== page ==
> > > fifth
        > > > > > year of Kencho (1253).." MW1/p239 describing the first
        time
        > he
        > > > > > declared chanting. Maybe Nichiren forgot to tell us about
        28
        > > > March,
        > > > > > but I wonder how did he tell NichirenShoshu about this
        date
        > > and
        > > > > > about his "inner circle"?
        > > > > > gachiriki
        > > > > >
      • Jim Celer
        Is this worth arguing about? On the one hand, it isn t logical that the words Nam-myoho-renge-kyo first popped into Nichiren s mind as he was giving the
        Message 3 of 11 , May 1, 2004
          Is this worth arguing about? On the one hand, it isn't logical that
          the words "Nam-myoho-renge-kyo" first popped into Nichiren's mind as
          he was giving the sermon April 28th. He must have at least *thought*
          them prior to that.

          OTOH, according to Nichiren (and thanks Carson for posting the Gosho)
          he first *declared* it on April 28th.

          And that's the point. I believe T'ien T'ai chanted daimoku, but
          never declared it. Like, I'm sure the idea of "independence"
          occurred to people, and was discussed, prior to July 4, 1776. But we
          celebrate THAT date because of the Declaration.

          Unless Nichiren Shoshu has some evidence that Nichiren declared the
          daimoku to the world, and started propagation, on some date other
          than April 28th, why even mention another date? And why didn't it
          share this news, oh, say, 700 years ago?
          Jim
        • closeconnections
          If I recall correctly, Jackie Stone s research clarified that NMRK was a funeral chant long before Nichiren began propogating it. He didn t invent it. He did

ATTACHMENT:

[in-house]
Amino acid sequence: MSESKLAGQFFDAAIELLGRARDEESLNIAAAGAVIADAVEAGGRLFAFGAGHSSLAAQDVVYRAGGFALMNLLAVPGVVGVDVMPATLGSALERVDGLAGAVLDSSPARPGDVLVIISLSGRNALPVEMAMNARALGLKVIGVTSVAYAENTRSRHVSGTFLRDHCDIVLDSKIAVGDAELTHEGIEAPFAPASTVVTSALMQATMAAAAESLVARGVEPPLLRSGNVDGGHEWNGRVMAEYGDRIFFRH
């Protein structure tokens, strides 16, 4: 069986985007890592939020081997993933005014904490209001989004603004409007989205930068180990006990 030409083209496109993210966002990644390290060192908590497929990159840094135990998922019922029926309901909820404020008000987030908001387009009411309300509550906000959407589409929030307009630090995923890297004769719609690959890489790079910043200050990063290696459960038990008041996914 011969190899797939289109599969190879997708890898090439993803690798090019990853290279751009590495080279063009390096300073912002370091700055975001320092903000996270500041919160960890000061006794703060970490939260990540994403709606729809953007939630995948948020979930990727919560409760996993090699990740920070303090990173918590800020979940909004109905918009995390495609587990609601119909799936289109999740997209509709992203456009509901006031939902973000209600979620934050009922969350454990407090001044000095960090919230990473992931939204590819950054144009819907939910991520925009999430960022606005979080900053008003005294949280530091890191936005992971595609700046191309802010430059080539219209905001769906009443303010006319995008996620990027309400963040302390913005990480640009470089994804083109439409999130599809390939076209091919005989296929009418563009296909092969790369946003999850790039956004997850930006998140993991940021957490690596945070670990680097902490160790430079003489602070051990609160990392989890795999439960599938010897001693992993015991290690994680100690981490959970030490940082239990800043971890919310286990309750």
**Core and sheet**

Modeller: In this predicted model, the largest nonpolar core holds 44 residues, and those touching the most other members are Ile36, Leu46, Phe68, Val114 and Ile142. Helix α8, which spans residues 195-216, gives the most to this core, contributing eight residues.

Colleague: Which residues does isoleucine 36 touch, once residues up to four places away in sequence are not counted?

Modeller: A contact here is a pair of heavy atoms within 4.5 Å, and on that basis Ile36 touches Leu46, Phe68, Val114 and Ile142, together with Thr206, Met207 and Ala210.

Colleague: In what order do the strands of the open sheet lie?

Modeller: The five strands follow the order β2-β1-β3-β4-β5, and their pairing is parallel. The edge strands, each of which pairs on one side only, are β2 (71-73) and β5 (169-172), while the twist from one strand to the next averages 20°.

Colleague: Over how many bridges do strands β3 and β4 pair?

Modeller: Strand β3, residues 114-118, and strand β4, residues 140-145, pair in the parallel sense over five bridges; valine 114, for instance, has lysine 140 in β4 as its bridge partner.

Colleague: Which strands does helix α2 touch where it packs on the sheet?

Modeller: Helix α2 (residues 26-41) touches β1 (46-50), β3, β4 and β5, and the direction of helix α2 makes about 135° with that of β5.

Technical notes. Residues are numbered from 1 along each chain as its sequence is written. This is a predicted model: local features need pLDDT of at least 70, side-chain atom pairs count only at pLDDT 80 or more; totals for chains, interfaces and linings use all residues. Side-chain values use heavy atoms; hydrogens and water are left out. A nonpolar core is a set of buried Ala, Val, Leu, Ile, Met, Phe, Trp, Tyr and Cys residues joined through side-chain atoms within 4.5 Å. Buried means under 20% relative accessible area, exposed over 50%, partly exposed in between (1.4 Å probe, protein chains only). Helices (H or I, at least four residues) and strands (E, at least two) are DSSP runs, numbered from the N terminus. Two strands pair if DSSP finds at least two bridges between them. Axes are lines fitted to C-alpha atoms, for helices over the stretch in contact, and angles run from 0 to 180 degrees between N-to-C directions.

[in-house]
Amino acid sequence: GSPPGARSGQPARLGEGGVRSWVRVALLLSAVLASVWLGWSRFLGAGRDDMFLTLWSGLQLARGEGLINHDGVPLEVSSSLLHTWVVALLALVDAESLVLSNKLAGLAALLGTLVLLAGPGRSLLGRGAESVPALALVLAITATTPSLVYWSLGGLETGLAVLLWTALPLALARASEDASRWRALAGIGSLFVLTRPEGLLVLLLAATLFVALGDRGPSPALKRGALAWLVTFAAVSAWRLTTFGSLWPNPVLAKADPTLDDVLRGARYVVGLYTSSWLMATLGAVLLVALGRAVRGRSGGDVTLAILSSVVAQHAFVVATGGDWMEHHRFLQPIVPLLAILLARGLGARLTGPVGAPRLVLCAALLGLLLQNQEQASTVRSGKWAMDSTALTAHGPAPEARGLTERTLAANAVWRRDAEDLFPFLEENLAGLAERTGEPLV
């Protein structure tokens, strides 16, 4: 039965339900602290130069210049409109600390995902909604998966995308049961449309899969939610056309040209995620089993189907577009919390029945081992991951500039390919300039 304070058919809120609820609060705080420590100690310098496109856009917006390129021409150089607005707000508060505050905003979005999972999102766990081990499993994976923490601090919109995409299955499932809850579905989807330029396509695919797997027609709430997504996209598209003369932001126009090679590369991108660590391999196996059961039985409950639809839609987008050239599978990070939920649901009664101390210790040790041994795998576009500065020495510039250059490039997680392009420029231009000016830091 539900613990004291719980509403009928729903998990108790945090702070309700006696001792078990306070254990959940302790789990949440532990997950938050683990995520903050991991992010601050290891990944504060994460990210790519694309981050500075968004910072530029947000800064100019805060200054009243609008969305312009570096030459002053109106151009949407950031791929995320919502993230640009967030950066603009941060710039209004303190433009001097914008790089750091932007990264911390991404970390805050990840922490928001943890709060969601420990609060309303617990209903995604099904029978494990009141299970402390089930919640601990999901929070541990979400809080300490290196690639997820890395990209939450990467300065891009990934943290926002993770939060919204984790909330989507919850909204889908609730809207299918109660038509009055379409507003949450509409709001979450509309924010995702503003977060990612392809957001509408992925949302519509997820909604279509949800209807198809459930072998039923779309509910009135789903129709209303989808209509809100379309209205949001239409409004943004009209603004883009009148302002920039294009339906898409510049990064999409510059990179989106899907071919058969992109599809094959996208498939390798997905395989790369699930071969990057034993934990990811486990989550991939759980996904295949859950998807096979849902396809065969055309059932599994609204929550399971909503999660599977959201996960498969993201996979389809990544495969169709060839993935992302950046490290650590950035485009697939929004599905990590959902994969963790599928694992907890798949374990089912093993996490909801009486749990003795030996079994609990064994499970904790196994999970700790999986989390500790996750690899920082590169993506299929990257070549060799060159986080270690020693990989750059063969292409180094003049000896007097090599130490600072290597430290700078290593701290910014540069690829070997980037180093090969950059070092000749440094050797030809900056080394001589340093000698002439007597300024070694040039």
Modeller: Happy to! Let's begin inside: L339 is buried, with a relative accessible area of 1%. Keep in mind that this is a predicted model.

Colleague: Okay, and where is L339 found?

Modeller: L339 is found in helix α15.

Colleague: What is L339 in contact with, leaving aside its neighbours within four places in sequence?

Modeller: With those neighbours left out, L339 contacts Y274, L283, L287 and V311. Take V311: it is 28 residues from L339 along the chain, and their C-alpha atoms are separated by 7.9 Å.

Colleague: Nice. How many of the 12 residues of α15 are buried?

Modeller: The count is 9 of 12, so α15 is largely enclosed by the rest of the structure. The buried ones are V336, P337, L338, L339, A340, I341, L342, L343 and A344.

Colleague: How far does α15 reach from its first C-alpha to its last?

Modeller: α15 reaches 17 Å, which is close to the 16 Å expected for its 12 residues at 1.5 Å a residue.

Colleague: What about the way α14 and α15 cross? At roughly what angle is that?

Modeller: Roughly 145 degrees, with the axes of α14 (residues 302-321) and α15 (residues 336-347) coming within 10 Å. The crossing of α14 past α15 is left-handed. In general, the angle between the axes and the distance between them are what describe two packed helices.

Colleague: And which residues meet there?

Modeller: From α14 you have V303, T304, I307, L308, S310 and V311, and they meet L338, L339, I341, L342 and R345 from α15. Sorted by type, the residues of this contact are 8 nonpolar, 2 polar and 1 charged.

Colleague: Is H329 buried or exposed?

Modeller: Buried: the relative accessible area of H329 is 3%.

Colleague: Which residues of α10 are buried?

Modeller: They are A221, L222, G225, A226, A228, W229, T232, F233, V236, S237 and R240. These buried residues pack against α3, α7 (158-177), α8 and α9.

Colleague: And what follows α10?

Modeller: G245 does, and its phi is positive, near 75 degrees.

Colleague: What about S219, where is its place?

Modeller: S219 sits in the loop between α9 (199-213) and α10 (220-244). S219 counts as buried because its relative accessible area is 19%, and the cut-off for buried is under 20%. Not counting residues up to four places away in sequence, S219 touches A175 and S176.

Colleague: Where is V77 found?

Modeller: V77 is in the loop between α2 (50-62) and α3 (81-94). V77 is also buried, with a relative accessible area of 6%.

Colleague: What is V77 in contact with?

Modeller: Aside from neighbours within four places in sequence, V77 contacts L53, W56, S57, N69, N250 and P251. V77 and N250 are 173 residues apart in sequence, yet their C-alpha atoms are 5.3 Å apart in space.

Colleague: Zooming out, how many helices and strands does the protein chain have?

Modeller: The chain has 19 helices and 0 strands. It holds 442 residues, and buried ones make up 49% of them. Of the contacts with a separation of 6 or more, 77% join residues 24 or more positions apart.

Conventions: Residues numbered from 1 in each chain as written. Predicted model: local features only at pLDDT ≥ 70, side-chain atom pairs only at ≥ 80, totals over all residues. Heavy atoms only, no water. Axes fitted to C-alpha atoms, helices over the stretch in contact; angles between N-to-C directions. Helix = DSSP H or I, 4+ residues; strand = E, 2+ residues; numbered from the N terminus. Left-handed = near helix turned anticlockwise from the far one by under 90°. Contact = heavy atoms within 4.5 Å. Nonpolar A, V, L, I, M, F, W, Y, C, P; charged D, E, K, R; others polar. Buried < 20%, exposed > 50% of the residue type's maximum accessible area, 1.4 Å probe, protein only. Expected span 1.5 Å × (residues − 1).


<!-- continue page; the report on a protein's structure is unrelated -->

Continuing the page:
Message 4 of 11 , May 1, 2004
            If I recall correctly, Jackie Stone's research clarified that NMRK
            was a funeral chant long before Nichiren began propogating it. He
            didn't invent it. He did apply it quite differently, and he did
            declare it at some point as is being discussed.

            Colin

            --- "Jim Celer" <jimcub3d@a...> wrote:
            Is this worth arguing about? On the one hand, it isn't logical that
            the words "Nam-myoho-renge-kyo" first popped into Nichiren's mind as
            he was giving the sermon April 28th. He must have at least *thought*
            them prior to that.
          • Christopher H. Holte
            ... In this case it was worth arguing about. First, we learned something about the reliability of transmission. NST acknowledged that mistakes in translation
            Message 5 of 11 , May 1, 2004
              --- In SokaGakkaiInternational@yahoogroups.com, "Jim Celer"
              <jimcub3d@a...> wrote:
              > Is this worth arguing about?

              In this case it was worth arguing about. First, we learned something
              about the reliability of "transmission." NST acknowledged that
              mistakes in translation had been made from time to time, not just
              from the Japanese to English but also from the ancient texts to
              modern texts. And we learned about some of the difficulties of
              document conservation. He told the story of the two pages of
              the "gift of rice" that actually represented different
              transmissions. At first it seems nit-picky, but in this case the
              focus was on facts and once all the facts are in everyone has
              learned something worthwhile.

              I'm happy to learn something new. I found out that my speculations
              were only half the story. Aren't you?

              Chris :-)